Five Ways Enterprises Fail at DevSecOps

Five Ways Enterprises Fail at DevSecOps

Integrating DevSecOps has proven to be a great investment for enterprises to accelerate their digital transformation journey. However, many still struggle to effectively leverage it, which is resulting in waste in investment and resources.

Digital transformation has become a crucial aspect for enterprises to survive and potentially thrive in today’s business environment. To accelerate and accomplish their initiatives, most have adopted DevSecOps in their infrastructure. Furthermore, it can also enable them to deliver value at a faster pace, gain a competitive advantage, lower the cost of security remediation and much more. Yet, according to experts, many enterprises are failing at their DevSecOps initiatives, even though this can be avoided. Below are the most common DevSecOps efforts that IT leaders are making:

Not succeeding in establishing a learning culture

According to a McKinsey annual IT strategy Survey 2021, talent and cultural issues pose a great challenge to technology implementation including DevSecOps. Hence, enterprises must facilitate daily learning, reserve time for organizational learning and improvement and make concentrated investments in up skilling their workforce. By embracing a culture where the culture of continuous learning and experimentation thrive, organizations will be successful in their DevSecOps.

Also Read: Is Hybrid Cloud Adoption Changing the Enterprise Landscape for Good?

Overlooking cross-functional education

Often an enterprise’s IT development and security teams are at odds with each other. They should build on the need of continuous learning, cross-functional education and pursue it as part of a broader imperative to break down silos. IT leaders should encourage their respective teams to understand the basics of their counterpart teams. It will enable the developer and security team to understand each other’s challenges. Additionally, this will also ease the tension and foster collaboration.

Not actively communicating business value

Any initiative that is taken by IT, including DevSecOps should be centered on business objectives and goals. DevSecOps is a transformational journey that requires buy-in and engagement from critical stakeholders across the enterprise. Hence, leadership should clearly understand the ‘why’ of pursuing DevSecOps and must communicate its value using necessary metrics that are accessible, available and related to business goals. It can also help the IT leaders to strengthen their relationship with stakeholders and can act as a stepping stone for future initiatives.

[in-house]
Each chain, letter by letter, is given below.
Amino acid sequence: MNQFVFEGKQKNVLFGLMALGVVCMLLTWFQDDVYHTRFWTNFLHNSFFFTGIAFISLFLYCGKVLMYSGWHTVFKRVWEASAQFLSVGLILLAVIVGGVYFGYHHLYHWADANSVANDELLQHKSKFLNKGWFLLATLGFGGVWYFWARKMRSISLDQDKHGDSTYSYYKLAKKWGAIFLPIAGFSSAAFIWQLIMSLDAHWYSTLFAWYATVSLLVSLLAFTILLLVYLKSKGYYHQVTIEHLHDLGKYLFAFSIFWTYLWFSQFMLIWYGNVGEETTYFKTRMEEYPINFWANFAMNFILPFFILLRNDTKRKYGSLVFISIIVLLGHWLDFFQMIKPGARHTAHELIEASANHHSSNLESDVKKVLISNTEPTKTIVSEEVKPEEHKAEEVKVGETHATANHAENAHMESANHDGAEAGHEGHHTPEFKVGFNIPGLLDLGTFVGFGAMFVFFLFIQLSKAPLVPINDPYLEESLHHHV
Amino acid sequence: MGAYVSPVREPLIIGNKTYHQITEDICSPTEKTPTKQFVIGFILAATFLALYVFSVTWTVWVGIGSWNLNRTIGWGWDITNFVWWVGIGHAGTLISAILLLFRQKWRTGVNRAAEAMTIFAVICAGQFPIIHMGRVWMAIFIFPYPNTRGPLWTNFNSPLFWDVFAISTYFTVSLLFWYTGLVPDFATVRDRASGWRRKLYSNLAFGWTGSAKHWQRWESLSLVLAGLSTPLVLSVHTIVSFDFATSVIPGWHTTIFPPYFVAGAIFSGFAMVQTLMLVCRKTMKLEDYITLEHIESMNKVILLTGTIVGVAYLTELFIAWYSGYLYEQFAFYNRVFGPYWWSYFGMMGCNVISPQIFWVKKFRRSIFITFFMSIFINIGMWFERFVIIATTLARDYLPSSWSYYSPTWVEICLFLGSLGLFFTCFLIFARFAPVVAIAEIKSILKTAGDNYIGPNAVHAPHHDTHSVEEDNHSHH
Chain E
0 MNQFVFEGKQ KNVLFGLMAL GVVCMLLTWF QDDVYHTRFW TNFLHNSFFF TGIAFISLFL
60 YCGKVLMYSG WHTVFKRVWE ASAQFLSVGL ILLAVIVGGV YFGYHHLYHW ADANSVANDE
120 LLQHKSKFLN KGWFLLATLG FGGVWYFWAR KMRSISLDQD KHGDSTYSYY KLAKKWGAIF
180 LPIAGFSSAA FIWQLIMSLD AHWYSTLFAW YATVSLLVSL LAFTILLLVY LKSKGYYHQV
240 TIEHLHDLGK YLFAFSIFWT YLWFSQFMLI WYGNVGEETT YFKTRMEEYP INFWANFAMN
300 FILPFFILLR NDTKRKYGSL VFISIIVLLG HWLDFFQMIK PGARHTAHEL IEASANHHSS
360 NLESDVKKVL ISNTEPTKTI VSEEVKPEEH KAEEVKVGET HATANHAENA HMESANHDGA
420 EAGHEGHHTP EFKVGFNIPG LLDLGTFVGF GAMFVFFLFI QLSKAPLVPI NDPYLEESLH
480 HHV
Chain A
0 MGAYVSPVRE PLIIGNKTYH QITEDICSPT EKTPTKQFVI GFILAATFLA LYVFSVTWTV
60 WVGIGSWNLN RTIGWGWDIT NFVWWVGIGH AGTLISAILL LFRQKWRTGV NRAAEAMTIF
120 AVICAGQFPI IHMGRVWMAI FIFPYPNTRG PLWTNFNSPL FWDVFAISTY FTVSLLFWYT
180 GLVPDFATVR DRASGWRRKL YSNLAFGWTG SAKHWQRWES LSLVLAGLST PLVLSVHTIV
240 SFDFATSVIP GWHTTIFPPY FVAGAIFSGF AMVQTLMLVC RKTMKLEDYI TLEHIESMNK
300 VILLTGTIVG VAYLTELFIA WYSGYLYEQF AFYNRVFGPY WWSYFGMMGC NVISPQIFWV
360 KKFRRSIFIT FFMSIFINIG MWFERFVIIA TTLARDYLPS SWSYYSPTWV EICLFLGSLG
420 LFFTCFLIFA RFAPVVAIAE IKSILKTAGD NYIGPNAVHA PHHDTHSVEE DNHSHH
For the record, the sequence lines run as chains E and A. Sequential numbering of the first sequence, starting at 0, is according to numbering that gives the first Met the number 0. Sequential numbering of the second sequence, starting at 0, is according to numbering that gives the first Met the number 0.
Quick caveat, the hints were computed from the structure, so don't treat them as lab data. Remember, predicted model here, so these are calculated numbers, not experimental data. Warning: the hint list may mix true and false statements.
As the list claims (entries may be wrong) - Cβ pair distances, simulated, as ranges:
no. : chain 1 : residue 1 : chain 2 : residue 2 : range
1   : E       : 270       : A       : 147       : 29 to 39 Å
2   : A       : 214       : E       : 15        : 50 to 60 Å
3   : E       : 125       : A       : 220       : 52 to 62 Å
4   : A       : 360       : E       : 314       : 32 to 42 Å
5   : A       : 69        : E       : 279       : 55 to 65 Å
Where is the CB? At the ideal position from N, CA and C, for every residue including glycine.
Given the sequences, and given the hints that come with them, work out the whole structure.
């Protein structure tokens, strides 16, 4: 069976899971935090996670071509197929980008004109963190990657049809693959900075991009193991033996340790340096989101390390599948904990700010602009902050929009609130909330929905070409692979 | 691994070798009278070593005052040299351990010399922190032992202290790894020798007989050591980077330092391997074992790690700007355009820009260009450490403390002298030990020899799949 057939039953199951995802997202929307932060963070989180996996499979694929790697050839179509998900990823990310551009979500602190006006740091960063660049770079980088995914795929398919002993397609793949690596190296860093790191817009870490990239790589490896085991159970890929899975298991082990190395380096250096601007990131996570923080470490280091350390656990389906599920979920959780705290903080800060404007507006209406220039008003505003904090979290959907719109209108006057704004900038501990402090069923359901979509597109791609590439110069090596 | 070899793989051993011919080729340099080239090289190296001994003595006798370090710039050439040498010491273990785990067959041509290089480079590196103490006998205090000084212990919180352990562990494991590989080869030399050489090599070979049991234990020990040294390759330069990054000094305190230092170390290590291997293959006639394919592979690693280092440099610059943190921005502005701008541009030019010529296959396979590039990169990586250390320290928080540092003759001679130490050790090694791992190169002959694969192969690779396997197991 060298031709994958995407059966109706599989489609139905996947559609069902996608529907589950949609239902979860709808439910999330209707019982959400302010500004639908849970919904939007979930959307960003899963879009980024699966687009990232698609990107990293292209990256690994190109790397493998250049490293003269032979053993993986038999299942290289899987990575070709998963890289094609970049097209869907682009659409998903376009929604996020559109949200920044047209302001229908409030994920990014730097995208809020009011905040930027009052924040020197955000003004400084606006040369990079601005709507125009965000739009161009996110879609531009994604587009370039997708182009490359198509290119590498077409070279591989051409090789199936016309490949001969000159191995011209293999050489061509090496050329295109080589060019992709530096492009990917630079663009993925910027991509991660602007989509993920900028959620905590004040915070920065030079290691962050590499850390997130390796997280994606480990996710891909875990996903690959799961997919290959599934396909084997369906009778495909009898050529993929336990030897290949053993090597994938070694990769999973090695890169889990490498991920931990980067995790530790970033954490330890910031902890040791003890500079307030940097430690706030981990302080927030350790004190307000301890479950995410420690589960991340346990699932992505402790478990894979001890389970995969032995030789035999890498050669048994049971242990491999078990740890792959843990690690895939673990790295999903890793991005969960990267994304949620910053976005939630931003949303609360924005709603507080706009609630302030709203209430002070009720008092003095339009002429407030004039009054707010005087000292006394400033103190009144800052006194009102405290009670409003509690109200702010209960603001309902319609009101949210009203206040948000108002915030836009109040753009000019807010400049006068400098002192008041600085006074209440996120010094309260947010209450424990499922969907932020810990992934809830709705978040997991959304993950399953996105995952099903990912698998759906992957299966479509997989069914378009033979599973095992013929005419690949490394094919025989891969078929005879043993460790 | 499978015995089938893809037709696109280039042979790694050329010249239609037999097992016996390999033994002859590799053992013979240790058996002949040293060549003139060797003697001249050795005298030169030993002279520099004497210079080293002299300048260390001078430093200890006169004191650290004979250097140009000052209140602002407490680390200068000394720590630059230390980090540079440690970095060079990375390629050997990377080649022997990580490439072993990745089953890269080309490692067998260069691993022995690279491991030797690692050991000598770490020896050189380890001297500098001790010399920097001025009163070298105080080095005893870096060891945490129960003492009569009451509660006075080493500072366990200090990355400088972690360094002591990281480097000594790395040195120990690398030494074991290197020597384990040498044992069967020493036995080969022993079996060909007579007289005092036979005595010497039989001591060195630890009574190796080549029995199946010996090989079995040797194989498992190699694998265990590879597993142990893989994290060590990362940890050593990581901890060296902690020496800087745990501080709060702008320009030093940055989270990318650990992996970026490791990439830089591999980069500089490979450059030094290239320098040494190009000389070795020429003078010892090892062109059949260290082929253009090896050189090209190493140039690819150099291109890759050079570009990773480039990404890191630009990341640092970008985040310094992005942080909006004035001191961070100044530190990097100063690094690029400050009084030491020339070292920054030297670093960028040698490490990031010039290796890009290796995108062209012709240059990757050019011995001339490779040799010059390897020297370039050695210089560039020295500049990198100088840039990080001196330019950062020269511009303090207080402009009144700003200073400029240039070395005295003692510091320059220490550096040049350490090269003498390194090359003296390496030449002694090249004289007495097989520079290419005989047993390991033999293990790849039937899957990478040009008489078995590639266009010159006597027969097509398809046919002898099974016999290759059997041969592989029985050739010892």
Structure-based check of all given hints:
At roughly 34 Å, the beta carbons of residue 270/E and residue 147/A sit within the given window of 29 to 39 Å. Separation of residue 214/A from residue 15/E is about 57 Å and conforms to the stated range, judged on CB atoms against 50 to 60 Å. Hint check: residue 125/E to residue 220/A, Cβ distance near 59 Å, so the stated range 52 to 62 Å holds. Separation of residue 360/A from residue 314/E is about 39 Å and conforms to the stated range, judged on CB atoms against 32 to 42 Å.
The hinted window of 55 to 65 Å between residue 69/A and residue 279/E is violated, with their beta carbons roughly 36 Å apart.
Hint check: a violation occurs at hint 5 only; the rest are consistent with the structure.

Inability to take calculated risks

IT leaders should embrace the culture of continuous learning and improvement and should provide room for failure to their teams. If they are not allowed to make mistakes, learn lessons and work on correcting failures, the probability of them successfully adopting DevSecOps are very less. Enterprises should strive to create an environment that is built on transparency, safety and trust. Another best way to take calculated risks is by finding better ways to implement security with as little friction as possible. Security teams can integrate with developer workflows, embed security subject matter experts with development teams and establish security champions among development.

Also Read: Strategies for Organizations to Manage the Top Three Costs that Stymie Enterprise AI


The acceleration of digital transformation and innovation propel the growth of the cloud-native landscape. This advancement provides a vast and rich selection of tools and applications that helps to facilitate DevSecOps goals. On the flip side, this sudden increase in solutions creates a disjointed and complex environment, creating challenges of visibility and productivity due to tool chain sprawl.

Therefore, organizations should seek better tool chain management options to effectively handle the sprawl and the associated inefficiencies that it is causing.

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Vishal Muktewar is a Senior Correspondent at On Dot Media. He reports news that focuses on the latest trends and innovations happening in the B2B industry. An IT engineer by profession, Vishal has worked at Insights Success before joining Ondot. His love for stories has driven him to take up a career in enterprise journalism. He effectively uses his knowledge of technology and flair for writing, for crafting features, articles and interactions for technology enterprise media platforms.